TED Conversations

Boas Bamberger

This conversation is closed.

A Quantum Computing Approach to Test for Free Will in Humans.

Assuming the Big Bang to be the starting point of quantum entanglement, we now have the situation of a seemingly infinite number of entanglements that make our universe what it is. From this point of view every decision we make forms new entanglements and is due to prior entanglements. If that is so, there is no free will, but merely the consequence of prior entanglements.

To test this assumption quantum computers could do the trick. An algorithm (AI) that draws on a subjects personality, life-history and some environmental factors to predict future binary decision could give an insight on how prior entanglements are predictive to new entanglements. To train the algorithm several subjects are needed to verify on binary decisions the computer clone of each subject made.

Thanks to quantum computing such an algorithm could be able to finish computing within our lifetime. There are several more advantages that come along with quantum computers for this kind of machine learning.

Now: If the accuracy for binary decision making predictions of this algorithm is significantly greater than 0.5 (pure chance for any binary decision), it can be said, that there is no free will.

I think to resolve the question of free will in humans is essential in understanding the purpose we are serving. This approach is relatively cost effective, as a small number of subjects would suffice to test the hypothesis. The costs would reside with the time to develop a proper algorithm as well as the hardware. Nevertheless there are ethical constraints to this approach, as the subjects would have to share a lot of very personal data. Furthermore if the hypothesis was tested to be true I assume there would be tremendous effects on society.

I would love to hear your opinion on this topic. Maybe someone can point out similar experiments or approaches I missed so far in my research.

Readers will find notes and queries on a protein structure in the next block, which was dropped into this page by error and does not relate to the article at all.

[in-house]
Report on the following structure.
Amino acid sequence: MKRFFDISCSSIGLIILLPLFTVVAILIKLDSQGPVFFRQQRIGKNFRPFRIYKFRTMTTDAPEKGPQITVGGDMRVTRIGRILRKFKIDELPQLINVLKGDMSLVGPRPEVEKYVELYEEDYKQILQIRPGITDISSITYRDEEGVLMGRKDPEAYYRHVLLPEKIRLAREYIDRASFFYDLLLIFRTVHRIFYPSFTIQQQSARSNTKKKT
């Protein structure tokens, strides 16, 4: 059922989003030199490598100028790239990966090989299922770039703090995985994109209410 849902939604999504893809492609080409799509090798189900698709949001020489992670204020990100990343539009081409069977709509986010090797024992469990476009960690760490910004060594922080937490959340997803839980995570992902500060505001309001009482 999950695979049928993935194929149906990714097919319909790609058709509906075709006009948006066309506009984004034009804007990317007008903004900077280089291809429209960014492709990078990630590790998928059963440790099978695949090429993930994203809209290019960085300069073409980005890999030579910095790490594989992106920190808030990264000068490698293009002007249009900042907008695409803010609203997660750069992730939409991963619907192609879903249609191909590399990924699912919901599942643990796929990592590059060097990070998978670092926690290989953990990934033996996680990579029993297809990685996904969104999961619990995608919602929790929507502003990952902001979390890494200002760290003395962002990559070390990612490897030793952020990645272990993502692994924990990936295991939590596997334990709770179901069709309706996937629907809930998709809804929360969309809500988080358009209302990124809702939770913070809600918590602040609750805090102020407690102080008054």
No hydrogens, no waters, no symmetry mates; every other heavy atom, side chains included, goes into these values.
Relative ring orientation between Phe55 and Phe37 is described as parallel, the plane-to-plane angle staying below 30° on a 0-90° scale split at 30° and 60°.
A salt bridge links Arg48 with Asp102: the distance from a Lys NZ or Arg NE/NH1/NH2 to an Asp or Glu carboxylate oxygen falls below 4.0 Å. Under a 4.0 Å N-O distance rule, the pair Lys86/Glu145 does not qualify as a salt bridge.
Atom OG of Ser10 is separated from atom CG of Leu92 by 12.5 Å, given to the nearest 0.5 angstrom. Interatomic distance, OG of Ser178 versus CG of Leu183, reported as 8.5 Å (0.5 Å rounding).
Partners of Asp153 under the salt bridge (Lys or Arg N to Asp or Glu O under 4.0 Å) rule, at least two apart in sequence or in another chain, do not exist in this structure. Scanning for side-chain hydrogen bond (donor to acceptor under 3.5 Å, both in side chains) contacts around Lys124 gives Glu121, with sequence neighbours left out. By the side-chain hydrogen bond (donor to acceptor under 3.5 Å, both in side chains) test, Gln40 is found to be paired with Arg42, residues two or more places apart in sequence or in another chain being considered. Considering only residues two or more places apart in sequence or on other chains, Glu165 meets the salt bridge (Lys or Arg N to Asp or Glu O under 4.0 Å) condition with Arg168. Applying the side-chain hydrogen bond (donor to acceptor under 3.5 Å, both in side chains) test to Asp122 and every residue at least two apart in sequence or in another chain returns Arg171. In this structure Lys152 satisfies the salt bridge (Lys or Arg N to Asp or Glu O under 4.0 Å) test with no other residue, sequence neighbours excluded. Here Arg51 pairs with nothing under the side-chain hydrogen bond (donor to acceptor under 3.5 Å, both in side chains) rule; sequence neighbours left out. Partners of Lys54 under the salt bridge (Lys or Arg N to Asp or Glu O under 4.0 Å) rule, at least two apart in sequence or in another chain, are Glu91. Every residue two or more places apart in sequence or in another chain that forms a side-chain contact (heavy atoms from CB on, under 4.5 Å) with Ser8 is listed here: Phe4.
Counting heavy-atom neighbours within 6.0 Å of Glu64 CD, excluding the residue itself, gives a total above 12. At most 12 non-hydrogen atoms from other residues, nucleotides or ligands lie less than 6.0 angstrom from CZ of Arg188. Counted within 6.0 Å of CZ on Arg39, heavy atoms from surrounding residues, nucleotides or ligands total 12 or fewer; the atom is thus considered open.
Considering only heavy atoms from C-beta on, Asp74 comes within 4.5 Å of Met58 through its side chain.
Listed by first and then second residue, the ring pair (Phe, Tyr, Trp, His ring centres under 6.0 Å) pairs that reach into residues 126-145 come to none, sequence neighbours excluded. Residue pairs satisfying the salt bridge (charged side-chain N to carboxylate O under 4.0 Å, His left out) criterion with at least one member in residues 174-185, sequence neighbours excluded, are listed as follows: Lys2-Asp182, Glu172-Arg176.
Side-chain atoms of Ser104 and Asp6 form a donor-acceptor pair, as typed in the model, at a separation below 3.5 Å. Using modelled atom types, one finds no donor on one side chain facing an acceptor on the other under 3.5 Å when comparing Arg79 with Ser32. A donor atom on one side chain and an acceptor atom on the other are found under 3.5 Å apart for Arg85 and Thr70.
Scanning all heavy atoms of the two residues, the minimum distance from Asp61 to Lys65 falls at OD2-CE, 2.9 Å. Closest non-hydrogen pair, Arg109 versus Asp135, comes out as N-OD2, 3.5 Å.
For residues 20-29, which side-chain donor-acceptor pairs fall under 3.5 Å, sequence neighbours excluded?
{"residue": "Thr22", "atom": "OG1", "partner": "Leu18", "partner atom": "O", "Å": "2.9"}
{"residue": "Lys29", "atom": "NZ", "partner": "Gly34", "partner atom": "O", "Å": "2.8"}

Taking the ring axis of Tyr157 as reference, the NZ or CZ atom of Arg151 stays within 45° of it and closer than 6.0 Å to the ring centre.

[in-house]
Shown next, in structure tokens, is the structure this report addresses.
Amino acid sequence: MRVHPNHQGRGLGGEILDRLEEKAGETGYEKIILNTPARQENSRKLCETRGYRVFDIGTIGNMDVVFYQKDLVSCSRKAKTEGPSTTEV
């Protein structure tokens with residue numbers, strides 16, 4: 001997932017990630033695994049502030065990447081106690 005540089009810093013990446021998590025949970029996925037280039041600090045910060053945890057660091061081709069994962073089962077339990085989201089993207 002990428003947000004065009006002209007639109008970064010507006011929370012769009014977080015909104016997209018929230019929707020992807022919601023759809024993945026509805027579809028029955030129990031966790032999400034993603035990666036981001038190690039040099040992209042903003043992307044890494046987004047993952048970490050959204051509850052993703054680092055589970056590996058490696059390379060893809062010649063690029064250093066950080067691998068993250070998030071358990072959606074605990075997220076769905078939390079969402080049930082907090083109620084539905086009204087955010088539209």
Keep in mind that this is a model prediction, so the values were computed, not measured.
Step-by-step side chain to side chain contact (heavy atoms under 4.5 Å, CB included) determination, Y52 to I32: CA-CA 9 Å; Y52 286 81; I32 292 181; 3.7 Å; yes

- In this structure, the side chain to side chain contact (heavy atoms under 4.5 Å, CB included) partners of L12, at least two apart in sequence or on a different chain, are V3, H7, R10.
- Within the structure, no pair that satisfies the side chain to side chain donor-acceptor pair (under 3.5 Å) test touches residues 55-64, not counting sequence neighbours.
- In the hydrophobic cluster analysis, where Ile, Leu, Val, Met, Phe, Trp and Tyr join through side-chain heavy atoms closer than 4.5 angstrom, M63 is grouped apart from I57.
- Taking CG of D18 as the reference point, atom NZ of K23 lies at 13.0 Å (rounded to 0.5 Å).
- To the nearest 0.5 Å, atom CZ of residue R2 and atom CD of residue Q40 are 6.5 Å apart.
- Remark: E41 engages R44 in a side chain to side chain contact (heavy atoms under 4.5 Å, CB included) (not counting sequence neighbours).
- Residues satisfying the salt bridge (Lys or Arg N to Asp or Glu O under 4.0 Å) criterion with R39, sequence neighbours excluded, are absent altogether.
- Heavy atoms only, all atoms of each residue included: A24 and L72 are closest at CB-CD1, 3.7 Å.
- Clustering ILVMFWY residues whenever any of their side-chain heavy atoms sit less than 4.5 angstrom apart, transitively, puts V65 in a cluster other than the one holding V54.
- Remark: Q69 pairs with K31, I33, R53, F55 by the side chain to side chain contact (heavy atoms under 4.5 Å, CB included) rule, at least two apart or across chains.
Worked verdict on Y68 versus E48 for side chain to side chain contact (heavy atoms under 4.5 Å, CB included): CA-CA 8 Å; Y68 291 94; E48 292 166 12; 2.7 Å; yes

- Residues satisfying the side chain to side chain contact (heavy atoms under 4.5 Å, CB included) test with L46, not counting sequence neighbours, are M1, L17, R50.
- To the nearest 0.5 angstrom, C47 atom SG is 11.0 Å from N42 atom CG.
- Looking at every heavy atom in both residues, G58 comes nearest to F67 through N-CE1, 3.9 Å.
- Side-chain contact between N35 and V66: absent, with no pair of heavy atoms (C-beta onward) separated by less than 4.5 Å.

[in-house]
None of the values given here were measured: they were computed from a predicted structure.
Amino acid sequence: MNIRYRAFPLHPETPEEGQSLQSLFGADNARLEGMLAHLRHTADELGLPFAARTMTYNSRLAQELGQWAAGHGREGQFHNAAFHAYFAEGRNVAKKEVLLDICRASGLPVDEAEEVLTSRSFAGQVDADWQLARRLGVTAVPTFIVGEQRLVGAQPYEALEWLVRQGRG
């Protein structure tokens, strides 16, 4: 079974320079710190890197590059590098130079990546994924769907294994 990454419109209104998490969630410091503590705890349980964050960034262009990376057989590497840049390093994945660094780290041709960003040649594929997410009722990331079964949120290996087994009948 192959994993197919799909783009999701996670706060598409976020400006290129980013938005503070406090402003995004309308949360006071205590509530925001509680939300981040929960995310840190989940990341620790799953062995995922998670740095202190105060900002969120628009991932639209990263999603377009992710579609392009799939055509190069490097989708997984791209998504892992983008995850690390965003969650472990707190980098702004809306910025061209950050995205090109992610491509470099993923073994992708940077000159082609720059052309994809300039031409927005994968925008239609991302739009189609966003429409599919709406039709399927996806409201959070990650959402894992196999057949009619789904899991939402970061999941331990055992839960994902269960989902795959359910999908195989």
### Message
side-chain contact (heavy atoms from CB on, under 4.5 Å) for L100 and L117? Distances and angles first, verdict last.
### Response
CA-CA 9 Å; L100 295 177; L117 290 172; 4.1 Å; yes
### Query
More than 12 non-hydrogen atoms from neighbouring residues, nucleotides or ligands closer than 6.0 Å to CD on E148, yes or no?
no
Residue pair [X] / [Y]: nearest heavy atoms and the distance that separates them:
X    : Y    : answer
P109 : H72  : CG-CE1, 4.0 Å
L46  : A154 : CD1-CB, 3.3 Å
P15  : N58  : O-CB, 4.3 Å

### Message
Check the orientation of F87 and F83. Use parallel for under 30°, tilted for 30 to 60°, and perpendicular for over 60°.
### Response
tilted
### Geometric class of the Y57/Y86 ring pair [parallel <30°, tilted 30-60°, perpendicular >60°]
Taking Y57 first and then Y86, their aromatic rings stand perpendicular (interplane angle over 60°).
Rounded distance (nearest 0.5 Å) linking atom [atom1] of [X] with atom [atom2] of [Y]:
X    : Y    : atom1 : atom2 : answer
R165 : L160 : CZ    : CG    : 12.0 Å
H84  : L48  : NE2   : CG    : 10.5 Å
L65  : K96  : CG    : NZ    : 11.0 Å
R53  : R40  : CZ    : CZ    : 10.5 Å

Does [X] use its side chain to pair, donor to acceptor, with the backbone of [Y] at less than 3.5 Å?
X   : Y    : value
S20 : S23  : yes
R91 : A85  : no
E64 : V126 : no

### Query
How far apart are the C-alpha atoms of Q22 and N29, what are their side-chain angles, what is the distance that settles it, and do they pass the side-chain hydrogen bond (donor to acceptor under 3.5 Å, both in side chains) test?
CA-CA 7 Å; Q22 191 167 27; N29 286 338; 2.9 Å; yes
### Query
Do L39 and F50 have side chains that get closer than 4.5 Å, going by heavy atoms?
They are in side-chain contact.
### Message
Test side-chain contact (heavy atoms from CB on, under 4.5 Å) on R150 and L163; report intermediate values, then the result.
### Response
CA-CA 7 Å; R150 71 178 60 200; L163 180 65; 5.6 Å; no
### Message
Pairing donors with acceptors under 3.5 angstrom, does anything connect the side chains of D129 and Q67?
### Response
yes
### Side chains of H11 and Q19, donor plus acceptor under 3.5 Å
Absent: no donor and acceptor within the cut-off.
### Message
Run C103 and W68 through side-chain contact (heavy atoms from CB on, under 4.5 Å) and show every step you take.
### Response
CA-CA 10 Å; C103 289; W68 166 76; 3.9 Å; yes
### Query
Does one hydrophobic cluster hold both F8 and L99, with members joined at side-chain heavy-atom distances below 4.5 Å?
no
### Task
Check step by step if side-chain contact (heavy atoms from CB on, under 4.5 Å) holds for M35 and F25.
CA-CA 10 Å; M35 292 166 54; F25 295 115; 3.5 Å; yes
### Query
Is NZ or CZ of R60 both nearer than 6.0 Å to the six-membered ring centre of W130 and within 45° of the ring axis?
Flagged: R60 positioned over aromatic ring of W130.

Share:

Showing single comment thread. View the full conversation.

  • Apr 24 2013: Boas,

    Very interesting post.

    (BANG) was governed by rules. Therefore, if all actions are based on that set of rules...we don't really have a say in anything. We are just along for the ride.

    (BIG BANG - (LAWS))
    (BOOOOM) ----- L A W S

    Eventually Earth came into existence because it had to. It was going to happen because of the laws being applied to matter.

    The moment matter began to move, and was governed by laws, it started to pave the way to life.

    Here's the problem with computers. Programs are going to select actions based on the set of variables you program. They cannot learn on their own. Even if they can absorb information they will not update the frame they put information into.

    (Computer - (LOGIC SET)

    You would have to manually update this (LOGIC SET) or (FRAME) in which the information obtained is understood. Humans do this themselves. We only need information. We already understand how to apply the information we obtain.


    Henry J. Woeltjen
    B.S. Criminal Justice Administration
    MBA Student
    Blogger/Social Media Guru/ Business Management Consultant
    • thumb
      Apr 25 2013: Hi Henry, the first part is pretty much, what am trying to understand. About the second part on computer programs: Take a look at machine learning and you will see that it is common practice to create self-refining programs. That is programs are able to modify there code and by that learn and advance autonomously on a set of preset laws. That is pretty much the same as you described in the first part.
      • Apr 25 2013: They can only modify their code based on a program. So that means...they are limited in their ability to modify anything.

        They are self refining programs within a programmed list of data.

        They are not able to refine the refining program.. Therefore, this refining program may become obsolete in turn making the entire system outdated.

        The only refining program that will not be outdated...is a human (programmer).
        • thumb
          Apr 27 2013: Yes, there still are certain limitations. However we are getting unexpected results from computer intelligence already. Still, you are correct in the human to be the better 'program' as for now! ;-)

          If you are interested send me a message, then I will fill you in on some of the latest research on machine learning as soon as I got more time to get to it.

Showing single comment thread. View the full conversation.